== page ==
I raised my eyebrows, trying not to grin at the thought of a young, freckle-nosed Emma with a chipped tooth, and failing. “Is that so?”

“It is. Dingy rides, squeaky bolts that may or may not have been checked this decade, one-eyed carnies leering at you. It’s a rite of passage. And today, at this arcade, you are going to have it,” she said, her eyes blazing with determination.

“I’m not going to ride bumper cars with a bunch of ten-year-olds and—”

“We won’t have to. This place is ours. Totally. I bought it out for the day. Bethany’s uncle owns it, and he gave me a good deal. So, come on. No more excuses. What are you waiting for?”

She held her hand out to me just as the gray sky above us started spitting rain, and I didn’t have time to think of a way out. I closed my hand over hers, and we rushed inside the huge metal doors as quickly as we could manage before the downpour began.

It was only once we were inside that I realized exactly how much work she must have put in. At every stall, men and women were waiting for us, smiling while we decided where to walk, and a massive speaker played old nineties hits, songs that I knew from my childhood.

Standing back, I shook my head. “This must have cost you a fortune.” As I automatically tallied up the cost of this many people’s time, it hit me that she’d probably dropped a whole night’s pay on this date. Money she could have used fixing up her beloved brownstone.

Instead, she’d spent it on me. The man who had everything, and nothing, all at the same time.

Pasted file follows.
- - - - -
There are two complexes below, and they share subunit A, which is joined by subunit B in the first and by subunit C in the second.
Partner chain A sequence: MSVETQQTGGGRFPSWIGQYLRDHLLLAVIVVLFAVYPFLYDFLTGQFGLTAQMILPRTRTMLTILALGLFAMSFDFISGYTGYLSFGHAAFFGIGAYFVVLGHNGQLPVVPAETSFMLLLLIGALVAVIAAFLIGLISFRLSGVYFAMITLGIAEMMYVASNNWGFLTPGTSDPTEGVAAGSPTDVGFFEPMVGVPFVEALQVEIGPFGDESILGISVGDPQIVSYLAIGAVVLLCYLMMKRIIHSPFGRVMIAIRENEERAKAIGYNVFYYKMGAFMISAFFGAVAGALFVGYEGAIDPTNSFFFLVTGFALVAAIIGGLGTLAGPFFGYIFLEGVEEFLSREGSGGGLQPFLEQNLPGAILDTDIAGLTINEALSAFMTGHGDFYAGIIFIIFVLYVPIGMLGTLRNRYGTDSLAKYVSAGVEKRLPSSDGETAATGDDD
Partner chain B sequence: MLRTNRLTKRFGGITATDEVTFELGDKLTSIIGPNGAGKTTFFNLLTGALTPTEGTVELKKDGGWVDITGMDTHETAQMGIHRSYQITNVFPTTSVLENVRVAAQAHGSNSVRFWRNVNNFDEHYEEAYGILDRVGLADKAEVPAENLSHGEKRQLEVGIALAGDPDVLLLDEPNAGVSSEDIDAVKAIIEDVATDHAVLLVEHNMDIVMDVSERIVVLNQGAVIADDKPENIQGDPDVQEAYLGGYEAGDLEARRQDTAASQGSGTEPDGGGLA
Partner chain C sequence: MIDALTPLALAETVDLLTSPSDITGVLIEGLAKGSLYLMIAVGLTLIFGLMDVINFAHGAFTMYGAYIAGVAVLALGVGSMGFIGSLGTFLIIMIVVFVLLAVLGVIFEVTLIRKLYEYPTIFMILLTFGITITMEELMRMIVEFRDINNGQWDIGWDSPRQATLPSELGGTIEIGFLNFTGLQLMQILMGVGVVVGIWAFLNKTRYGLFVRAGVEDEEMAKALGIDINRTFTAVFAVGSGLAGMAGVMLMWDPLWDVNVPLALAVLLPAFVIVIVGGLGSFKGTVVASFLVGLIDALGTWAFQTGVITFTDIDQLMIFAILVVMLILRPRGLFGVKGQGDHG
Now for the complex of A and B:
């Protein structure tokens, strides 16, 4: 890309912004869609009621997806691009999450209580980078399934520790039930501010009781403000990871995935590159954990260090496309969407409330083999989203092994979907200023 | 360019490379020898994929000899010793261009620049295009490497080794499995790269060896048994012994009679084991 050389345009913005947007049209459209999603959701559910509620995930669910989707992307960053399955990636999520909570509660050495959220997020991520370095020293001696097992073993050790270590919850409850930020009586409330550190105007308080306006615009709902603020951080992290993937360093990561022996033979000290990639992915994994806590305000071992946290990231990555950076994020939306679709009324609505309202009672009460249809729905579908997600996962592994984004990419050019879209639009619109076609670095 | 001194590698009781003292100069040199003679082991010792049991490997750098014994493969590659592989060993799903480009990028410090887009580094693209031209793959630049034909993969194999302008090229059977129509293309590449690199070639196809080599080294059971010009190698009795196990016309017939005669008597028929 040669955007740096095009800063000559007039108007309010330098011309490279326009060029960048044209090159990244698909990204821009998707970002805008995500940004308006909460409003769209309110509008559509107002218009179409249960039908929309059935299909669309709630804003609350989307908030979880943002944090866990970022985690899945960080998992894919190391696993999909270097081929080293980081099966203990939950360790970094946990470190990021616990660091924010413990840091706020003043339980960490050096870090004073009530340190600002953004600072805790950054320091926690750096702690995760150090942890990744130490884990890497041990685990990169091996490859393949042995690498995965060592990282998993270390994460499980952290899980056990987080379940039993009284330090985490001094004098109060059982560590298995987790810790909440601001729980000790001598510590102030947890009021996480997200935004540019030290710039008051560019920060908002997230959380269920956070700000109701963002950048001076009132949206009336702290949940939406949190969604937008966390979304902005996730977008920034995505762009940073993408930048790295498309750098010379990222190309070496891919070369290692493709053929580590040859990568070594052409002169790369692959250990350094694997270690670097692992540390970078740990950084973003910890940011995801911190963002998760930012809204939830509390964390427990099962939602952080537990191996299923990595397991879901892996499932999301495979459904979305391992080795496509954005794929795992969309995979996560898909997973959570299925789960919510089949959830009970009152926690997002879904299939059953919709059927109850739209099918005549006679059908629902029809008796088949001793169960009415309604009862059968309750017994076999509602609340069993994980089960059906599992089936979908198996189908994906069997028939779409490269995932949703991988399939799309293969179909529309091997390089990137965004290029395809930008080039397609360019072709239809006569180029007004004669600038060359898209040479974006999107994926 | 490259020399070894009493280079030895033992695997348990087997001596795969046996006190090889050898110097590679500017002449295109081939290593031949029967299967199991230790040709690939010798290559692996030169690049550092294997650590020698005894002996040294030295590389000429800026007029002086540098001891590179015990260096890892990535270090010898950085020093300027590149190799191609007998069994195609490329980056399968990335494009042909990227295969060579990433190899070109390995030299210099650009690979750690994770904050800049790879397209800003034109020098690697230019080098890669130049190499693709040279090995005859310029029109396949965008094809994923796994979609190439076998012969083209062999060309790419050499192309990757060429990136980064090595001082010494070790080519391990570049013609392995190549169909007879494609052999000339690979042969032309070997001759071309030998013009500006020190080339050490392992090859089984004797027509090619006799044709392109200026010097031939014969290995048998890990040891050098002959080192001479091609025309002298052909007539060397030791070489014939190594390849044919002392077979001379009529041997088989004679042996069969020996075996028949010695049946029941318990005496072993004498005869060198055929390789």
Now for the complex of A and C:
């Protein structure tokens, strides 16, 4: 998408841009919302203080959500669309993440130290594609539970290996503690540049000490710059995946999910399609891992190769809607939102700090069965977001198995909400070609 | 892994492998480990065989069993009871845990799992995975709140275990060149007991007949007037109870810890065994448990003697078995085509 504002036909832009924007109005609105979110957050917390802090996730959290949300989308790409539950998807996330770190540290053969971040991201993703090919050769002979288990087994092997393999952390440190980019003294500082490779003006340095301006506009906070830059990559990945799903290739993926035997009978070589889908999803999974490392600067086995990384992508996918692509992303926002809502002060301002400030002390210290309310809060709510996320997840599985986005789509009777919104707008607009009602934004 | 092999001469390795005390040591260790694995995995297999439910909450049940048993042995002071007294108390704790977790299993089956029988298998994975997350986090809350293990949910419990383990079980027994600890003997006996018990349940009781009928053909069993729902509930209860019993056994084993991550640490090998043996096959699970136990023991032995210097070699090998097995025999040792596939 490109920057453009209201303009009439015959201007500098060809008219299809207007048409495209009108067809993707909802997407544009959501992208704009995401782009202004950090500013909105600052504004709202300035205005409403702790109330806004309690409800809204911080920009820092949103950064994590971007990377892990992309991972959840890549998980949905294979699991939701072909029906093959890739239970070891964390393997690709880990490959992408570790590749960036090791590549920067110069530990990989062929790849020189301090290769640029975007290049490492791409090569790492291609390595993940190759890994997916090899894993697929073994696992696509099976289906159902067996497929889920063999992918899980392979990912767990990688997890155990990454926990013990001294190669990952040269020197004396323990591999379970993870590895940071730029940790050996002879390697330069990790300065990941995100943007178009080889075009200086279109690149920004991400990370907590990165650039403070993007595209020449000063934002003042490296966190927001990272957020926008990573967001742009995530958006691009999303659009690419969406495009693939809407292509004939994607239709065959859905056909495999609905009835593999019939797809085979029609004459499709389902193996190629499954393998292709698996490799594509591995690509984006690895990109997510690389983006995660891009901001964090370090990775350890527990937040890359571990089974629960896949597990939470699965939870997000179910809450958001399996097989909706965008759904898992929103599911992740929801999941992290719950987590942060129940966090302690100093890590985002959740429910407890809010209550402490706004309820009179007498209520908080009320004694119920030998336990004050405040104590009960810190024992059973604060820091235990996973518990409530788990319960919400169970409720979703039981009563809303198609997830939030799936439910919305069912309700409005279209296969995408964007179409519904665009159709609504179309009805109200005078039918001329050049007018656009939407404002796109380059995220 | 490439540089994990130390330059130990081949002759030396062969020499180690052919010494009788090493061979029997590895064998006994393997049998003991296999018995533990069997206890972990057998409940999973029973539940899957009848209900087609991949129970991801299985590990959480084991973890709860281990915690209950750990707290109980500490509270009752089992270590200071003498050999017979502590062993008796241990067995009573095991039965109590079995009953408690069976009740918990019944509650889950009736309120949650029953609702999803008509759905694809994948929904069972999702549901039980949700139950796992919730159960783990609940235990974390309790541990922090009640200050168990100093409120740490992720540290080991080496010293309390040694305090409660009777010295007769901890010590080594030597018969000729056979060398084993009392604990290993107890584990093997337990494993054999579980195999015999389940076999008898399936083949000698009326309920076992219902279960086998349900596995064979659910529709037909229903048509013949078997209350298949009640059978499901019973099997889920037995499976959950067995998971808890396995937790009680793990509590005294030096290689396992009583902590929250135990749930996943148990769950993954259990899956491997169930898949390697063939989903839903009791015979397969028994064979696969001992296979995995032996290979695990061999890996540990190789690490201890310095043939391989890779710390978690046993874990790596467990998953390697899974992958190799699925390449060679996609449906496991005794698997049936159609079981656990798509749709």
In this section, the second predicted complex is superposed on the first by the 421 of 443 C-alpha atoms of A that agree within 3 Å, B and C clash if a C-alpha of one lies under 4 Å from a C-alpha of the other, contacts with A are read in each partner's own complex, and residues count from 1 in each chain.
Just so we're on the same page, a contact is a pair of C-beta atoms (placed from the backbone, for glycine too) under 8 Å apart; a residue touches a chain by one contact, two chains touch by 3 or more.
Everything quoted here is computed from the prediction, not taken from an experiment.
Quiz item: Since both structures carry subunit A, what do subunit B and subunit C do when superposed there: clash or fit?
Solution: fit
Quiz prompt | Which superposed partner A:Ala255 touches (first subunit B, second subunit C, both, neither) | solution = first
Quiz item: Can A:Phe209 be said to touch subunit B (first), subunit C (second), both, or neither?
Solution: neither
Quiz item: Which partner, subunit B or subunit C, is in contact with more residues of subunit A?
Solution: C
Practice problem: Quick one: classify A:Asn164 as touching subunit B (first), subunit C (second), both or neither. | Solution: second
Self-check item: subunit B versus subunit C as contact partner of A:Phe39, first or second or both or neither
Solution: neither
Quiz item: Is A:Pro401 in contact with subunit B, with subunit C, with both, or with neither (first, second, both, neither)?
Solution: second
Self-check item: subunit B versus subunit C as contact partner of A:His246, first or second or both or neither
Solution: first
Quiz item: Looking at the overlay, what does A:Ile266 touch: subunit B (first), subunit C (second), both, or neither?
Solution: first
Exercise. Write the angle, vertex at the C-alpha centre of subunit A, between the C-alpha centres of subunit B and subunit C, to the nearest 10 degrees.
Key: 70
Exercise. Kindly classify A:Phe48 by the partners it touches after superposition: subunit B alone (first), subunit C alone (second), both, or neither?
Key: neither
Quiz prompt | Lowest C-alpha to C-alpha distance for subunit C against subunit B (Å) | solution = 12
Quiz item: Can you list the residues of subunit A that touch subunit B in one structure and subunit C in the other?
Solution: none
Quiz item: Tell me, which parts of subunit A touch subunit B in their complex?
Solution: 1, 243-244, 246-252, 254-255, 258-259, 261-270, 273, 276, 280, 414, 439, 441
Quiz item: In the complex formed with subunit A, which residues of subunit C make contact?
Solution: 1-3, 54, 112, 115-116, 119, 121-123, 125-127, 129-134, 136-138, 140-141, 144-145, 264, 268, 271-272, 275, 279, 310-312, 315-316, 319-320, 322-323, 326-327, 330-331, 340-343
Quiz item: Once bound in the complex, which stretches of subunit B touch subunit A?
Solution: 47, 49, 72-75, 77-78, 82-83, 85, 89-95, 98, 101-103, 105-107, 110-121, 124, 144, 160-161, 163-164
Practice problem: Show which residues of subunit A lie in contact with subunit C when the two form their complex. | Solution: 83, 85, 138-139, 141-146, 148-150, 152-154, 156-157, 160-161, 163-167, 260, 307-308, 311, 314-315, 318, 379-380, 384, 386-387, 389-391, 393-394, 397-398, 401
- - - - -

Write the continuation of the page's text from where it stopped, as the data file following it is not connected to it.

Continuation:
My throat tightened, and I cleared it with a grumble. “Look, Emma . . . you didn’t have to—”

“Nobody has to do anything. I did this because I wanted to.” She squeezed my hand. “Now, let’s talk tickets.”

Not bothering to look at me, she dragged me toward a little kiosk filled with rubber balls, plush bananas, fashion dolls, and water pistols. Each had a little tag in front of it with a price.

“We have to know what we’re aiming for. You can’t just go earning tickets willy-nilly.”

“What do you mean?”

“I mean, pick a prize so we can get our minds right and set our goal for the day,” she said. “When I was ten, my dad and I worked all day and night at a place like this to get me the knock-off Barbie doll.”

“Was she your favorite toy from there on out?” I asked, genuinely curious.

She shook her head and let out a snort. “Nope. It broke the next day. Her head came clean off . . . it was a grisly scene. But it was the experience that mattered.” She shrugged one slim shoulder. “Come on, pick a prize.”

I glanced around. There wasn’t much for adults, just a few T-shirts with things like I’m With Stupid written on them. Then my gaze fell on the one thing I’d always wanted as a kid.

“They have foam-pellet guns?” I nodded toward a rack of toys complete with plastic scopes, and Emma beamed.

“Looks like we’ve got a winner. All we need to get is, um, three thousand tickets. Shouldn’t be a problem.”

I raised my eyebrows. Sounded like a problem to me. They might as well have made it a million.

“It’s going to happen. All you have to do is believe and pick a game so we can get this going.”

For a while, we wandered around, looking at carts of food and side attractions before I found the pit of games. There was a huge wall of Connect Four and an animatronic dinosaur game, but my eye caught on a classic and I couldn’t resist.

“Skee-Ball,” I said, taking her hand as we stuffed tokens into the game and balls dropped into the slot.

To my surprise, Emma had a pretty good arm on her, and for a moment I stood back and watched as she sank one ball after another.

“Well, are you going to win those tickets or not?” she teased, shooting me a challenging glance.

“Not if you’re going to embarrass me with your skills. I can’t compete with that.”

“If you’re waiting to find something here you can beat me at, it’s going to be a very long day,” she said with a sassy wink. “I’m what you call an arcade master. A pinball wizard. A—”